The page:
As a coin has two sides so does vitamin D, it is good in cancer but excess is harmful to the kidneys and liver. If taken in high doses vitamin D can be harmful to kidney and liver.
The study is based on intakes from 63 studies.
The study was done by the University of California researchers led by professor Cedric Garland looked at the relationship between blood levels of Vitamin D and the cancer risk.
As proposed by them, taking high doses - 1,000 international units (IU) or 25 micrograms - of the vitamin daily could lower risk by 50 percent for colon cancer and by 30 percent for breast and ovarian cancer. But more than 2,000 IU - 50 micrograms - a day could lead to the body absorbing too much calcium, possibly damaging the liver and kidneys. The information was given by Prof. Garland.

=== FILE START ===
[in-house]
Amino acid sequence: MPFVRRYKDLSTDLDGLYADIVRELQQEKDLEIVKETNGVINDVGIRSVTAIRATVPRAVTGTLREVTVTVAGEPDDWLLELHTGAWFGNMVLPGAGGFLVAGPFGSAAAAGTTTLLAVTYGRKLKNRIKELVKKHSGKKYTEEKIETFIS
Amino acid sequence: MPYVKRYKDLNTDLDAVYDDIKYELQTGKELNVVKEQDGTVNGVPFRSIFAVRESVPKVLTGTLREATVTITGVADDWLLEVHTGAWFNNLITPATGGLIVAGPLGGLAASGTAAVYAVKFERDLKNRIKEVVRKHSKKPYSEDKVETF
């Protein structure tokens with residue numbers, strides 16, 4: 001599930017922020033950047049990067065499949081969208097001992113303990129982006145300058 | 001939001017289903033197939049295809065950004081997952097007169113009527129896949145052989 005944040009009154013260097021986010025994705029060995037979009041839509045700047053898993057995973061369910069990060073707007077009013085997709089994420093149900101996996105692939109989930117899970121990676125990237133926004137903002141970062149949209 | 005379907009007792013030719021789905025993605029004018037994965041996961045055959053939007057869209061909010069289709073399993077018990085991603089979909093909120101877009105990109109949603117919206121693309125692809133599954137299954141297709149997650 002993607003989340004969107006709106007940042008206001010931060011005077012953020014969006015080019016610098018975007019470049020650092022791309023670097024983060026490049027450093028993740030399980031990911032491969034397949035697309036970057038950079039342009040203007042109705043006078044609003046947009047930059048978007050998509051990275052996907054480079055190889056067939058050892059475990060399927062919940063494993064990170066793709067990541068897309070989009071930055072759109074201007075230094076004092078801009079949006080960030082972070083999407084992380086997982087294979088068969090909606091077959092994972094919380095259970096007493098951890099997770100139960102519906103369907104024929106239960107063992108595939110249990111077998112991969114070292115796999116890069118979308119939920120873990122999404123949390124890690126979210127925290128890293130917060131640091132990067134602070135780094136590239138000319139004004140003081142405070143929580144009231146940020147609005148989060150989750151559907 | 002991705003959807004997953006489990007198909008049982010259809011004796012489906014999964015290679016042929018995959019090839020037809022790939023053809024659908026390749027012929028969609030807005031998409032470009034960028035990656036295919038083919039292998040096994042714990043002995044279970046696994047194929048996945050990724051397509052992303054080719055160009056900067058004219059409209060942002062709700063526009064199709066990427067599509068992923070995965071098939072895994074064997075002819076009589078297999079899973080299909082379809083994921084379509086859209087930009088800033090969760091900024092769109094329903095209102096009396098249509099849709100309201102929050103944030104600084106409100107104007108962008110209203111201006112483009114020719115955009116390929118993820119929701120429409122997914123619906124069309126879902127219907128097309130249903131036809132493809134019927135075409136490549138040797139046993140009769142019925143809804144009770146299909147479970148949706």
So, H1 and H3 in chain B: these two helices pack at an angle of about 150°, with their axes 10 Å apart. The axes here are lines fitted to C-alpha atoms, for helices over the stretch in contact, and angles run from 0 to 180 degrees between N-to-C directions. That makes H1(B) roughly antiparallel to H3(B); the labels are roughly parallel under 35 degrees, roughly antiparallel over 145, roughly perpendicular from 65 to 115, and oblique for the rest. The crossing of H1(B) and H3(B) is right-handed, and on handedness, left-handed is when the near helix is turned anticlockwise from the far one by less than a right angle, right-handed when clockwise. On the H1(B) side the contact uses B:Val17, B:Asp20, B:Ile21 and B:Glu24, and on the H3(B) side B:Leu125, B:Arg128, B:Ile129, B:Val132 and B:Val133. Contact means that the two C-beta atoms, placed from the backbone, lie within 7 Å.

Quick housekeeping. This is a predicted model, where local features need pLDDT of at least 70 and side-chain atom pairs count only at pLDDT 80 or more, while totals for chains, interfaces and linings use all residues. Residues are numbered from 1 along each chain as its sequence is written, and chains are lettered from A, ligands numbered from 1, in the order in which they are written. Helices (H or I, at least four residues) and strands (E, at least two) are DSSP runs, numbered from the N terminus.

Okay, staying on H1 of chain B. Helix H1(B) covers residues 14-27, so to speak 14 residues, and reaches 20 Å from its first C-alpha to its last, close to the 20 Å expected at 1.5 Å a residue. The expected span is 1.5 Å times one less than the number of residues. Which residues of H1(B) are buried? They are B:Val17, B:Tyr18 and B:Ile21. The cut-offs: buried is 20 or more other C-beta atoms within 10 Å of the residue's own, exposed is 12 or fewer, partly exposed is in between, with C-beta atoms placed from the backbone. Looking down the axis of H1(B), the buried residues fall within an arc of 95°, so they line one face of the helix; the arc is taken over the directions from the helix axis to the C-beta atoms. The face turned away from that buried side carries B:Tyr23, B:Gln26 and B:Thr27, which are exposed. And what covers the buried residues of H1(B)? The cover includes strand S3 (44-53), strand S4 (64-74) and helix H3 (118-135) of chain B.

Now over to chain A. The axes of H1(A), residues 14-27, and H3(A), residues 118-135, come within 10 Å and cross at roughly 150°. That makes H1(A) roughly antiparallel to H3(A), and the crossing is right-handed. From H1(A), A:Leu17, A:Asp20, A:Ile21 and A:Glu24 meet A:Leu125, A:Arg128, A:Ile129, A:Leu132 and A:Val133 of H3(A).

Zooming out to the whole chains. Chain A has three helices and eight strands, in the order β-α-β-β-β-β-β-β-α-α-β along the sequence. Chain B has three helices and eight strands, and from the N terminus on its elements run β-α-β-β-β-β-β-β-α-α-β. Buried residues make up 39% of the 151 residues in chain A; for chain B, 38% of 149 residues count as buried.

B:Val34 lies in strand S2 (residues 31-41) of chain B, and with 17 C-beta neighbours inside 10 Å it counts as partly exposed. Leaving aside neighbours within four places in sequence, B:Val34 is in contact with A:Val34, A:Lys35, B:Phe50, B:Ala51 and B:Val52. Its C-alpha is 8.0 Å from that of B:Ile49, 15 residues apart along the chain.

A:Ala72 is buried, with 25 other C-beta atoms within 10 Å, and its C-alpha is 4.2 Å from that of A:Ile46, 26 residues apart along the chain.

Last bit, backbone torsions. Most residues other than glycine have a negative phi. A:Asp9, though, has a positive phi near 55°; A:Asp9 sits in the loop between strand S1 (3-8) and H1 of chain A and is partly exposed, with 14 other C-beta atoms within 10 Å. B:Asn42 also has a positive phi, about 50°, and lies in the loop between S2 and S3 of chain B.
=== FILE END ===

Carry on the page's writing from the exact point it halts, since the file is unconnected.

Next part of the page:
Supported by the researchers was the idea that the most effective way of getting this vitamin was through diet and supplements.
The source of the vitamin for us humans is the natural form of the D3 vitamin from exposure to sunlight as well as certain foods such as oily fish, margarine and meat.